SEBI Introduces ‘Unaffected Price’ to Stabilize Stock Markets, Countering Rumors

Home » News » SEBI Introduces ‘Unaffected Price’ to Stabilize Stock Markets, Countering Rumors

SEBI has introduced a new concept called the ‘unaffected price’ to reduce artificial fluctuations in stock prices. This move comes as part of SEBI’s efforts to shield stock prices from the impact of share market rumours. The introduction of this concept is significant as it aims to promote fairness and stability in the stock market, ultimately benefiting investors.

Let us understand this new ‘unaffected price’ concept.

Unaffected Price Concept| Key Highlights

  1. SEBI introduces the ‘unaffected price’ concept to stabilise stock prices amid market rumours.
  2. New guidelines aim to shield stock prices from artificial fluctuations caused by rumours.
  3. Listed entities to verify market rumours upon significant price movements, starting June 1, 2024.
  4. Calculation of ‘unaffected price’ involves adjusting volume-weighted average prices (VWAP) to exclude rumour effects.
  5. Applicability of ‘unaffected price’ extends for 60 or 180 days based on transaction stage, easing IPO procedures.
  6. Promoters with more than 5% post-offer equity share capital can contribute to shortfall without being identified as promoters, facilitating IPOs.

Latest Circular By SEBI| An Overview

SEBI introduced the framework under Regulation 30(11) of SEBI (Listing Obligations and Disclosure Requirements) Regulations, 2015, amended by SEBI (Listing Obligations and Disclosure Requirements) (Amendment) Regulations, 2024.

Unaffected Price Meaning

The concept of the unaffected price determines a price unaffected by market rumours. When a rumour causes a significant price change, the affected price should exclude this impact and the confirmed rumour’s effect on the equity shares’ price.

The unaffected price is crucial for various financial transactions and regulations.

The unaffected price is the price at which transactions are considered. This excludes the effect of material price movement and confirmed rumours.

Verification Process and Applicability

SEBI now requires the listed entities to verify market rumours following significant price movements.

  • SEBI’s verification process initially applies to the top 100 listed entities from June 1, 2024.
  • It will subsequently extend to include the top 250 entities by December 1, 2024.

Guidelines for Calculation

Calculating the ‘unaffected price’ is a careful process.

It involves excluding the price impact caused by the rumour and its confirmation from the volume-weighted average price (VWAP).

Volume Weighted Average Price (VWAP) is the average price a stock has traded at throughout the day. It is weighted by the volume of shares traded at each price level.

This adjustment happens from the day of material price movement until the trading day after confirmation.

The Calculation Method for Adjusted Volume Weighted Average Price (VWAP) involves several steps:

Firstly, the daily VWAP must be adjusted based on the variation caused by the material price movement and subsequent confirmation of the rumour.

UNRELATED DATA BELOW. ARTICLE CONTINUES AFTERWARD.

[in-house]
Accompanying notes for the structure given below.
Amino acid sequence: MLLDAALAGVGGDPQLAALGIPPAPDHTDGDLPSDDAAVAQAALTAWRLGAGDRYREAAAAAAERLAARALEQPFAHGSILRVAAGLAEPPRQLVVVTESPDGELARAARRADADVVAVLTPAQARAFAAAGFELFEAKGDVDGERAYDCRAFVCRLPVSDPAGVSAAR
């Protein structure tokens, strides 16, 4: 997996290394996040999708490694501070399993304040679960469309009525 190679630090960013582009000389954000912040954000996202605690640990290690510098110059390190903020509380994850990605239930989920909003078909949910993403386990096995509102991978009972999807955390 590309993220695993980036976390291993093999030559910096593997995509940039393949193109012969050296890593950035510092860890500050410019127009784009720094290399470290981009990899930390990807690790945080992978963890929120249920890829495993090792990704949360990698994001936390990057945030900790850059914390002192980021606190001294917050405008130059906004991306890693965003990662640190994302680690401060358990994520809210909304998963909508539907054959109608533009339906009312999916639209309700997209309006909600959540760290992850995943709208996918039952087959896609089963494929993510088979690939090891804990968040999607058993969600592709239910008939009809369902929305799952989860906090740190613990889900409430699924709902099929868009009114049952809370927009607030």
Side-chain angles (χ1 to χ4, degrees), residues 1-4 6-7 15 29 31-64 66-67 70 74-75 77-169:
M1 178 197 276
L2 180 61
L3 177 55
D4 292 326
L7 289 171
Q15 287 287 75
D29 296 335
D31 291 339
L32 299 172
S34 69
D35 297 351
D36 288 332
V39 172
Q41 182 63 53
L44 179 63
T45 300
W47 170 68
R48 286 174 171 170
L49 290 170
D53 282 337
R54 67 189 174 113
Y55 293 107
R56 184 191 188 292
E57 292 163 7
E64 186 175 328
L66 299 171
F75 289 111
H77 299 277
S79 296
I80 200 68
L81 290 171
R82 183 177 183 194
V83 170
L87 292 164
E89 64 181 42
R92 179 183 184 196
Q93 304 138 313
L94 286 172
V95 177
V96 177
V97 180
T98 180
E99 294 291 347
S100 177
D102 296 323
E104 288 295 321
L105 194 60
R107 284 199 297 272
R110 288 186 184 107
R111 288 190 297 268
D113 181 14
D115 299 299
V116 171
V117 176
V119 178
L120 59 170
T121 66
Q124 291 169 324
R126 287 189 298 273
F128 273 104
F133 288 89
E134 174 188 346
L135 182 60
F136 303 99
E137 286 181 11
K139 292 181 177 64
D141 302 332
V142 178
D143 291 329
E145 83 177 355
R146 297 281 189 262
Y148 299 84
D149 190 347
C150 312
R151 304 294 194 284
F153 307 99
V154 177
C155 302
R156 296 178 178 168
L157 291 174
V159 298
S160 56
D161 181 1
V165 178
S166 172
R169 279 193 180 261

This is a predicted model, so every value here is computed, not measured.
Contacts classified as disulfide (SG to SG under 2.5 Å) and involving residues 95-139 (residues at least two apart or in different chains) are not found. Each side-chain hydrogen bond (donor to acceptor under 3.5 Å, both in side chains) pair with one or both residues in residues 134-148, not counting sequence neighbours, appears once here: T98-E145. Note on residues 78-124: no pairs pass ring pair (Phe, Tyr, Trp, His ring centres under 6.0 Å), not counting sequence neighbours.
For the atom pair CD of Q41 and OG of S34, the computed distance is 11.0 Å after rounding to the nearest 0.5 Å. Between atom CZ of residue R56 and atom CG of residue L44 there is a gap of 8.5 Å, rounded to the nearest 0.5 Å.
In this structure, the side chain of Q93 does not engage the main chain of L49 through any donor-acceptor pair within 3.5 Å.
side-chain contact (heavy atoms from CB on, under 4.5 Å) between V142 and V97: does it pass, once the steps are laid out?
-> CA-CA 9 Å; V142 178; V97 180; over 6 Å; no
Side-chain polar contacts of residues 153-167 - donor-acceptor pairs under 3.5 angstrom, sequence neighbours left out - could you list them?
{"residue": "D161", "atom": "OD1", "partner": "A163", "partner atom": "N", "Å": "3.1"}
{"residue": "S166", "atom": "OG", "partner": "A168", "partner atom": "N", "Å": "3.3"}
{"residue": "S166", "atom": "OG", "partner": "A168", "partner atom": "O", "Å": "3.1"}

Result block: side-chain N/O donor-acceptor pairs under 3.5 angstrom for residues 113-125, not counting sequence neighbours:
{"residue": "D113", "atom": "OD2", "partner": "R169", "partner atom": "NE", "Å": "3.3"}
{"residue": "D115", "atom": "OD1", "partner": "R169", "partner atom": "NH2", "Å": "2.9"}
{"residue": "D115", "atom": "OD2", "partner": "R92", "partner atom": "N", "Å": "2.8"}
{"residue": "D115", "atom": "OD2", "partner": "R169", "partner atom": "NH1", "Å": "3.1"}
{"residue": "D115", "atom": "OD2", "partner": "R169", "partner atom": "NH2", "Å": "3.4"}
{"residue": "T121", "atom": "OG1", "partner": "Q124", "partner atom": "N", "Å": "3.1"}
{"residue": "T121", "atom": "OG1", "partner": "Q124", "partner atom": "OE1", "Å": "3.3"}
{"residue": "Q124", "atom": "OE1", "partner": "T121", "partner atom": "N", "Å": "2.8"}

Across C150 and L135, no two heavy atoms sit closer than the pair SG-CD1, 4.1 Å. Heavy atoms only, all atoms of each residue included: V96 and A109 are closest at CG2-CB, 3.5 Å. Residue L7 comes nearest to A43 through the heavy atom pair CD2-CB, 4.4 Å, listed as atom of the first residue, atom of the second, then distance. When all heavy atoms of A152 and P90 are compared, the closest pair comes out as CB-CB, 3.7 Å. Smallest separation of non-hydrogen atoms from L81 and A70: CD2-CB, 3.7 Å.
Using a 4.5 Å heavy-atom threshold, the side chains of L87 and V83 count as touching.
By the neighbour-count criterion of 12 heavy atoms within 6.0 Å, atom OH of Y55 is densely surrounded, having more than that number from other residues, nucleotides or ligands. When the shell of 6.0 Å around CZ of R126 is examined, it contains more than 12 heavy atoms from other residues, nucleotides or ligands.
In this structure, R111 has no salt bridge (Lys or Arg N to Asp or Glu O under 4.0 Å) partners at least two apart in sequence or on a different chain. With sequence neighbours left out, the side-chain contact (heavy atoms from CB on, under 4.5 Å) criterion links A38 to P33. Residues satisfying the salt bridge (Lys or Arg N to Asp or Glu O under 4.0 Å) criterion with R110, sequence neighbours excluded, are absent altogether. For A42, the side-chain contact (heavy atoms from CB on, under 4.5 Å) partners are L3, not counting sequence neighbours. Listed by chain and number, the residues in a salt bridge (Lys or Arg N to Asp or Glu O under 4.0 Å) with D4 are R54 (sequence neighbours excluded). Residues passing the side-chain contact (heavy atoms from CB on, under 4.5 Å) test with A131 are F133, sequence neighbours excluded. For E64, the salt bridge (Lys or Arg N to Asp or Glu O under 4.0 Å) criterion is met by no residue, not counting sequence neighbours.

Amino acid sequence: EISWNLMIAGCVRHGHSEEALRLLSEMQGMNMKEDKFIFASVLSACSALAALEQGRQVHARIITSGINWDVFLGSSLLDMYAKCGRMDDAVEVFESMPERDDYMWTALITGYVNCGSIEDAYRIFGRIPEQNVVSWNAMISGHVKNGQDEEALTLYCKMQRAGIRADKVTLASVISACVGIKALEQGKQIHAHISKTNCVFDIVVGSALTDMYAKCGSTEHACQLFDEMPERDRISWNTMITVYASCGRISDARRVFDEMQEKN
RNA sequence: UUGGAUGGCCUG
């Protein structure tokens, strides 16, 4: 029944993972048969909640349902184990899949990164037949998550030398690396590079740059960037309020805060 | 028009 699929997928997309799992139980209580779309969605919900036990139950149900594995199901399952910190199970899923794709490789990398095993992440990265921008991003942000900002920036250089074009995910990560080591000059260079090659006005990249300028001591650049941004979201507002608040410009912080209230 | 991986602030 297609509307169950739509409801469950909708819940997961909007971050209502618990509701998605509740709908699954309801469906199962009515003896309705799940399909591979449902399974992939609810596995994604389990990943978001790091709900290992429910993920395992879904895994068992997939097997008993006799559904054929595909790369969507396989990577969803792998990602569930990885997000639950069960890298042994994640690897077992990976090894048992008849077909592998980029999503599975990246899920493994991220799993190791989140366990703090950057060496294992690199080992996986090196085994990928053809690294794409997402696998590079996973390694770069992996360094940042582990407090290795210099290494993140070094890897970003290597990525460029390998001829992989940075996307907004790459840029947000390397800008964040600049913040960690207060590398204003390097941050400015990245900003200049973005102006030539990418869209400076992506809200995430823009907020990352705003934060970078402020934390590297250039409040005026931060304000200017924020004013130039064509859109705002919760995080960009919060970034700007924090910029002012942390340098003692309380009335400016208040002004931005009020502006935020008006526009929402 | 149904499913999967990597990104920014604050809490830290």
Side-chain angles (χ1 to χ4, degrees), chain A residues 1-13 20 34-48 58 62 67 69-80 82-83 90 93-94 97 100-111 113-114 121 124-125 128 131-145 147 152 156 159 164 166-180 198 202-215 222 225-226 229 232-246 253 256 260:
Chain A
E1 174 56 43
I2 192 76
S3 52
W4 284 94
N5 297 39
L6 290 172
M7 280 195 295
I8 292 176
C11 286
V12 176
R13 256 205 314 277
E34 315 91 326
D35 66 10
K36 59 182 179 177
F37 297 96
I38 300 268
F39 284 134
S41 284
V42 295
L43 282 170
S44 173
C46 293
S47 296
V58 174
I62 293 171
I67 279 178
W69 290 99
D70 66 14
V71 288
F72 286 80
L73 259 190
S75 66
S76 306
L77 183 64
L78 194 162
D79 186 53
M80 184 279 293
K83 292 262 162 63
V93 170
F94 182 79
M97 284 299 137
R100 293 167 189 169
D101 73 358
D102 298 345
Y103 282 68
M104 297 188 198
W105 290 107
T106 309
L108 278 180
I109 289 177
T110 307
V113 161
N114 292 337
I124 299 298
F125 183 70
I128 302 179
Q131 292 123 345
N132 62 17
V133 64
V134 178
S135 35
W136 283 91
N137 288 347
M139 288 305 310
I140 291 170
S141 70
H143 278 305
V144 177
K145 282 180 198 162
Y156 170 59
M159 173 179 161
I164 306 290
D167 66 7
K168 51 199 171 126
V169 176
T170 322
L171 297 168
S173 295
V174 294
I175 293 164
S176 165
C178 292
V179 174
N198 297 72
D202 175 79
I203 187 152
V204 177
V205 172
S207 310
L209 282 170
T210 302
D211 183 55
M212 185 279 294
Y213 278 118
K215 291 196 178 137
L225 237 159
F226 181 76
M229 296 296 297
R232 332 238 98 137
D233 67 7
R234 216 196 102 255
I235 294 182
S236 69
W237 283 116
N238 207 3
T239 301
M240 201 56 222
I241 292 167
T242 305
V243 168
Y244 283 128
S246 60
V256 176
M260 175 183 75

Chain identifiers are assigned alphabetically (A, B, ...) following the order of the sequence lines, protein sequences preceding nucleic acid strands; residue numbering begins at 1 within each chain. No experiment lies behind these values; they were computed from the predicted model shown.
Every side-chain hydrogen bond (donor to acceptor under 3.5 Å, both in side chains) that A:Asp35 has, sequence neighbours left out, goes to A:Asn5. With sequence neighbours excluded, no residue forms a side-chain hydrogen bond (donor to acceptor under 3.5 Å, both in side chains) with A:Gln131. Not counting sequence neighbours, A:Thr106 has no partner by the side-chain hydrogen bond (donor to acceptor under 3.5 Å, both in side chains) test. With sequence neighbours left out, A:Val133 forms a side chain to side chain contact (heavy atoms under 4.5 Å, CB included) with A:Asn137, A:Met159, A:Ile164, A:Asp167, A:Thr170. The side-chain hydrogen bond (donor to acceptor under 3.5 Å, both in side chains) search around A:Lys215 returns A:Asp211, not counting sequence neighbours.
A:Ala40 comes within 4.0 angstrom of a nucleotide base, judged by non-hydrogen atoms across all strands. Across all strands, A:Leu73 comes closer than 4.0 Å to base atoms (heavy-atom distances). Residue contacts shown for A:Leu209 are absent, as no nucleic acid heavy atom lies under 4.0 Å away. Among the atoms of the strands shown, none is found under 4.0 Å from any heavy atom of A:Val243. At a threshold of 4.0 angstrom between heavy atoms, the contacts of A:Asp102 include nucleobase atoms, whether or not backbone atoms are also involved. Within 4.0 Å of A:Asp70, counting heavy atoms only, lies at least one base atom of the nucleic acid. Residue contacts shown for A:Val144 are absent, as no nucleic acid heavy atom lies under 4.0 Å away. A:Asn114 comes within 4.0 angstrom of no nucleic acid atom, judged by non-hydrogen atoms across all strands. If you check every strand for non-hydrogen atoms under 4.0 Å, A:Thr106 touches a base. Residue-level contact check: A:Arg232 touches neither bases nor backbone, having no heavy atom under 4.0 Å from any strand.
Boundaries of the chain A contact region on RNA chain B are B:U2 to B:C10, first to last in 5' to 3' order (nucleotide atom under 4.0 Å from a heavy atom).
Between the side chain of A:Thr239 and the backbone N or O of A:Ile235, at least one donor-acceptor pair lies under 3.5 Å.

Next, the WAP Variation needs to be determined. It represents the difference in the daily VWAP from the day of material price movement until the end of the next trading day after confirmation of the rumour.

Then, the Adjusted Daily WAP must be calculated by excluding the WAP variation from the daily VWAP in the look-back period from the day of material price movement onwards.

Finally, the Adjusted VWAP needs to be computed based on the adjusted daily WAP for the entire look-back period.

Applicability Period

As per the SEBI circular, the ‘unaffected price’ remains valid for either 60 or 180 days. However, this duration depends on the transaction stage. 

It starts from the rumour confirmation date and lasts until the ‘relevant date’ as per current rules.

Simplifying IPO Procedures

Sebi has also amended rules to make it easier for firms planning IPOs.

  1. Sebi stated that any change in the size of OFS will now be based on either the issue size in rupees or the number of shares, simplifying the process.
  2. Companies planning IPOs often face a minimum promoter contribution shortfall.
    Companies must hold the Equity shares for a year before filing the draft red herring prospectus (DRHP) to meet MPC requirements.
  3. Sebi has decreased the requirement for extending the bid closing date. It can now be extended by a minimum of one day for events like banking strikes, down from the previous requirement of three days.

These changes aim to streamline IPO procedures and provide more flexibility to companies.

What Does This Mean For Investors and Traders?

This circular from SEBI represents a step towards greater investor protection. Experts expect this initiative to result in more stable and predictable stock prices. Thus reducing the risk of artificial fluctuations stemming from share market rumours.


By mandating the exclusion of rumor-induced price movements, the unaffected price concep enhances market performance. Investors should stay updated about these regulatory changes for a better understanding of transaction pricing integrity.

Source- https:/


Disclaimer: Investments in the securities market are subject to market risks; read all the related documents carefully before investing.